A SOUTH Tyneside charity champion has bravely embarked on a “bucket list” fundraising mission after being diagnosed with terminal cancer.
Greg Lamb is battling cancer of the oesophagus and doesn’t know how much longer he has to live.
But the defiant 35-year-old is determined not to let the disease destroy what time he has left, and will instead devote his days to helping worthy causes.
The former barman has set himself a list of challenges, which include:
* Tackling the Great North Run for the first time.
* Taking part in a zip-wire challenge from the Stadium of Light.
* Walking the length of Hadrian’s Wall.
* Visiting every one of the 92 football clubs in England.
* Taking part in a helicopter ride.
Greg, of Front Street, East Boldon, hopes his story will inspire others to seek medical help before it’s too late, after he was told an earlier visit to his doctor may have prevented his condition.
Greg was working in bars in Tenerife in 2012 when he took ill. He was taken to hospital after collapsing and it was discovered he had a ruptured spleen.
From there, he says, his health went downhill.
He returned home in May 2012, but unknown to him, he had been suffering from a condition called Barrett’s oesophagus, which can lead to cancer if not detected and monitored early.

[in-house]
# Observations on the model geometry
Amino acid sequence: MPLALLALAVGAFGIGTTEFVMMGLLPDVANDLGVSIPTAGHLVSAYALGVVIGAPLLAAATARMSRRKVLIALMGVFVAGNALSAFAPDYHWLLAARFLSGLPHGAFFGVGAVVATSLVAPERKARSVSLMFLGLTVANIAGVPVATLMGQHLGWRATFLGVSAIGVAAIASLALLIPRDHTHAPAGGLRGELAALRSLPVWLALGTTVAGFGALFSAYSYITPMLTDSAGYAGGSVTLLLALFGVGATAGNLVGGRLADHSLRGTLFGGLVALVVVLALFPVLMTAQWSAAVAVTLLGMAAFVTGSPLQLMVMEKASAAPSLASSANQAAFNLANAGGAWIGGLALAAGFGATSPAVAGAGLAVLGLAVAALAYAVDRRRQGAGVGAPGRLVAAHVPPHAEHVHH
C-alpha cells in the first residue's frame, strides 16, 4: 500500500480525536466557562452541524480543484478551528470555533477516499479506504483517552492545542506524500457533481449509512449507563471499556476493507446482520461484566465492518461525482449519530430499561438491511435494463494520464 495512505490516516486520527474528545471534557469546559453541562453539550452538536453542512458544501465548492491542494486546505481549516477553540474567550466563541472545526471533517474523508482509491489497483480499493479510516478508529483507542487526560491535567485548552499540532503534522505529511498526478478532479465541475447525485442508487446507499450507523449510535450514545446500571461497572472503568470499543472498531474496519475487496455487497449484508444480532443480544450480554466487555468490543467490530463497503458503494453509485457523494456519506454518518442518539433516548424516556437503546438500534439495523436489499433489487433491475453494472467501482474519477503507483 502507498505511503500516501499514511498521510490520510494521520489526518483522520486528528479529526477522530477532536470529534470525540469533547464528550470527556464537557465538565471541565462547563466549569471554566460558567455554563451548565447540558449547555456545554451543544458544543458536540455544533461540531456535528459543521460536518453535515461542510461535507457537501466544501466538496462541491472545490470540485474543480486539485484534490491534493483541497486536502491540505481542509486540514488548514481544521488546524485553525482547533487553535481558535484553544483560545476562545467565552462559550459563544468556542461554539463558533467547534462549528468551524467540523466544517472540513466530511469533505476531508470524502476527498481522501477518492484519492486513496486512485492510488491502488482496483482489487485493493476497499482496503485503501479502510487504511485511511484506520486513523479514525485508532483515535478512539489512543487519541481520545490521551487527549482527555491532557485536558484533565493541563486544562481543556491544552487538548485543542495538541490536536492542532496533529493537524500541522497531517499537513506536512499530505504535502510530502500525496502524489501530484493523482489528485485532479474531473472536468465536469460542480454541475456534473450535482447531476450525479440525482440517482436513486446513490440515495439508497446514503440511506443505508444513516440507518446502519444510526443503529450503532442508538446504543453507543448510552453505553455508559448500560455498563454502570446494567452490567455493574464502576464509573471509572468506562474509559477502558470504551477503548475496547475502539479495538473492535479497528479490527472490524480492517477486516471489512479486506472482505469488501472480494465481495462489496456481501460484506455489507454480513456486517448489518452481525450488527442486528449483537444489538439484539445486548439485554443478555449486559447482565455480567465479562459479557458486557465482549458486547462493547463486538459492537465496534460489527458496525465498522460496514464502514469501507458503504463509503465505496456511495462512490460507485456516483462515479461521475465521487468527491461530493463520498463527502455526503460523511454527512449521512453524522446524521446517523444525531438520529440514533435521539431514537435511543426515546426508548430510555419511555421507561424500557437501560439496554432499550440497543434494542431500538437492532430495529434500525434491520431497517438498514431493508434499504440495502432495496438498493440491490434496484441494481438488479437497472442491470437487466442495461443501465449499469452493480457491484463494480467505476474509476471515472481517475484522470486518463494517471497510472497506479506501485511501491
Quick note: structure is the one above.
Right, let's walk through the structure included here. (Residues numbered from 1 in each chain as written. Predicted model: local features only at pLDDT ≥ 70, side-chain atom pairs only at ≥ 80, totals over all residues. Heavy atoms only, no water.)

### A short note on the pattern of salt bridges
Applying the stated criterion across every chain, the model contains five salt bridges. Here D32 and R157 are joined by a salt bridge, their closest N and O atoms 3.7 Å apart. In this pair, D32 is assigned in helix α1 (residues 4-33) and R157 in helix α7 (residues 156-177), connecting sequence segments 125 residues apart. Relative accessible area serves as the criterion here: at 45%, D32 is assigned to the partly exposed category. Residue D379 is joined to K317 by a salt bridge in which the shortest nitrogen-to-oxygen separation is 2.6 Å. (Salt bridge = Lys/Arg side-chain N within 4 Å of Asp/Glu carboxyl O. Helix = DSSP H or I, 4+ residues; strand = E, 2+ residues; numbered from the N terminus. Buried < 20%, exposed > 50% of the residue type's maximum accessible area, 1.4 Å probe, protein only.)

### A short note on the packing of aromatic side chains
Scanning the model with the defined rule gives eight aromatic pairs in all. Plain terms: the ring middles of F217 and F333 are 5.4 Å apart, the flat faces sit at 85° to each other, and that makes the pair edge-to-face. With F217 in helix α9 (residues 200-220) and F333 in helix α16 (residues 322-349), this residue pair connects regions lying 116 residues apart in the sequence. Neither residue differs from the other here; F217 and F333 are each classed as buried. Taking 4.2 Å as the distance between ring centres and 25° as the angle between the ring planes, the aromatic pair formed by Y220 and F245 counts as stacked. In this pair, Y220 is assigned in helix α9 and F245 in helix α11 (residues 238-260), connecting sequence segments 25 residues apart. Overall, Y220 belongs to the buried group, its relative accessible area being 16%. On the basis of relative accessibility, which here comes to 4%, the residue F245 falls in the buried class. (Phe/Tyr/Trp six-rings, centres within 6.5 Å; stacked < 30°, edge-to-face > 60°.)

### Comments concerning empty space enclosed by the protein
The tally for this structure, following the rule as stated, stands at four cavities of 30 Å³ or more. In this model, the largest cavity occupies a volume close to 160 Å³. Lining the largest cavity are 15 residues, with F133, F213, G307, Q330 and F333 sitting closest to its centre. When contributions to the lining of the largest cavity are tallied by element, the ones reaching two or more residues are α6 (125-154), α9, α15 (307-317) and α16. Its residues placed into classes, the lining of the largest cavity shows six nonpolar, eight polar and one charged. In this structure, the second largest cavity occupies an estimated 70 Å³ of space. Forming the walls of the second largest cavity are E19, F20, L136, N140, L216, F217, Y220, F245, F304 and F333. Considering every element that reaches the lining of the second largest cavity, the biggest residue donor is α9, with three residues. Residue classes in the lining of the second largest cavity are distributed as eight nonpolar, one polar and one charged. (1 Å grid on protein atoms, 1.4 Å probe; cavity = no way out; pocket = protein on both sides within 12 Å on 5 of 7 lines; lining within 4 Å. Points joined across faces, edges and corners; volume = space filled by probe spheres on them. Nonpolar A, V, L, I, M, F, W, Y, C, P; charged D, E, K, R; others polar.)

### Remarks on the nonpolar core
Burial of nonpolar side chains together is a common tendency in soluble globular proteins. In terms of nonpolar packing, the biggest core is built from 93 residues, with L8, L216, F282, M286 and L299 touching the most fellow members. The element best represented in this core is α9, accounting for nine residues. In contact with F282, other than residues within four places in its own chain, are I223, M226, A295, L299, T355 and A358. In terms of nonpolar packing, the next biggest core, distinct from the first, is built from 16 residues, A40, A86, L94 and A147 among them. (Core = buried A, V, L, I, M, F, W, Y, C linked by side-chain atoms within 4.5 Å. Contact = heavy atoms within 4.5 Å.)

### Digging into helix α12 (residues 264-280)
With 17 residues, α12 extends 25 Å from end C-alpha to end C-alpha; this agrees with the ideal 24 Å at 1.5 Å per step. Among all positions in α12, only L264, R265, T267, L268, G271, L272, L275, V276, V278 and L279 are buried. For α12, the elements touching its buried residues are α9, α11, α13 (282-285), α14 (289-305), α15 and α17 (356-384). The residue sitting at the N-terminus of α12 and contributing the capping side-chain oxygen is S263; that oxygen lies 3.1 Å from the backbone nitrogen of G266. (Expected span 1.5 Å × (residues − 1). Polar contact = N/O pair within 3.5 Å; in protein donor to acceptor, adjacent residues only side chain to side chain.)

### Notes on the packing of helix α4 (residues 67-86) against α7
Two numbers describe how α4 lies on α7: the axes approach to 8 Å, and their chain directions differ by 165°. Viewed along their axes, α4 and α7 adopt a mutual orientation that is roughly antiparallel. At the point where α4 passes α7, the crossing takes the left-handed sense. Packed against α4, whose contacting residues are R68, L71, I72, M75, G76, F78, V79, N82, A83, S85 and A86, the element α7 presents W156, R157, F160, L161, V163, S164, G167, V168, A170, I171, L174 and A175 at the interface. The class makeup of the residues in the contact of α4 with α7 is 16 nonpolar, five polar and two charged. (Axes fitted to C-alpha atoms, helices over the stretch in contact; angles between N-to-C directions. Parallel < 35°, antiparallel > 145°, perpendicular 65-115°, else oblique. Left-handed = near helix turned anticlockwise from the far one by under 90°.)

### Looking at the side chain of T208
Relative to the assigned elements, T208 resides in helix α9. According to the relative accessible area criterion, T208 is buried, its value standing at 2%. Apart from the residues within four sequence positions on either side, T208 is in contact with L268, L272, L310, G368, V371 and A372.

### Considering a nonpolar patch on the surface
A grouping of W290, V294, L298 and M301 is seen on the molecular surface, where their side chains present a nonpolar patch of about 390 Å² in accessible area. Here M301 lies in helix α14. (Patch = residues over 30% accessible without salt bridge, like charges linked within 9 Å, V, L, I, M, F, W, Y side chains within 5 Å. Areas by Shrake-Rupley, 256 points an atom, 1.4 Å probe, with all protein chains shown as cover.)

Sadly for Greg, he was diagnosed with cancer later that September.
He said: “For the first six months after being diagnosed, I just sat around doing nothing – I just didn’t really know what was happening. I suppose I was letting it all sink in.
“Then, one day, I just decided I couldn’t do this any more. I could either sit around feeling sorry for myself and waste what life I had left, or I could get on and do the things I never had the chance to do because I was too busy working.
“It’s all about looking forward to things – it is what is keeping me going.”
Unaware he had Barrett’s oesophagus, Greg had put down his poor health as symptoms of a hangover.
Greg, from Front Street, East Boldon, said: “I used to work 17/18 hours a day in bars in Tenerife. I was getting tired, getting sick and eating had started to become a problem.
“But I was never one to go to the doctor’s, I just kept putting it down to drinking and the hangovers.
“But the doctors have told me, if I had gone to the doctor and had received treatment earlier, I may not have terminal cancer now.
“If anything comes from me telling my story, it really is to encourage people not to do what I did and to seek advice from their GP.”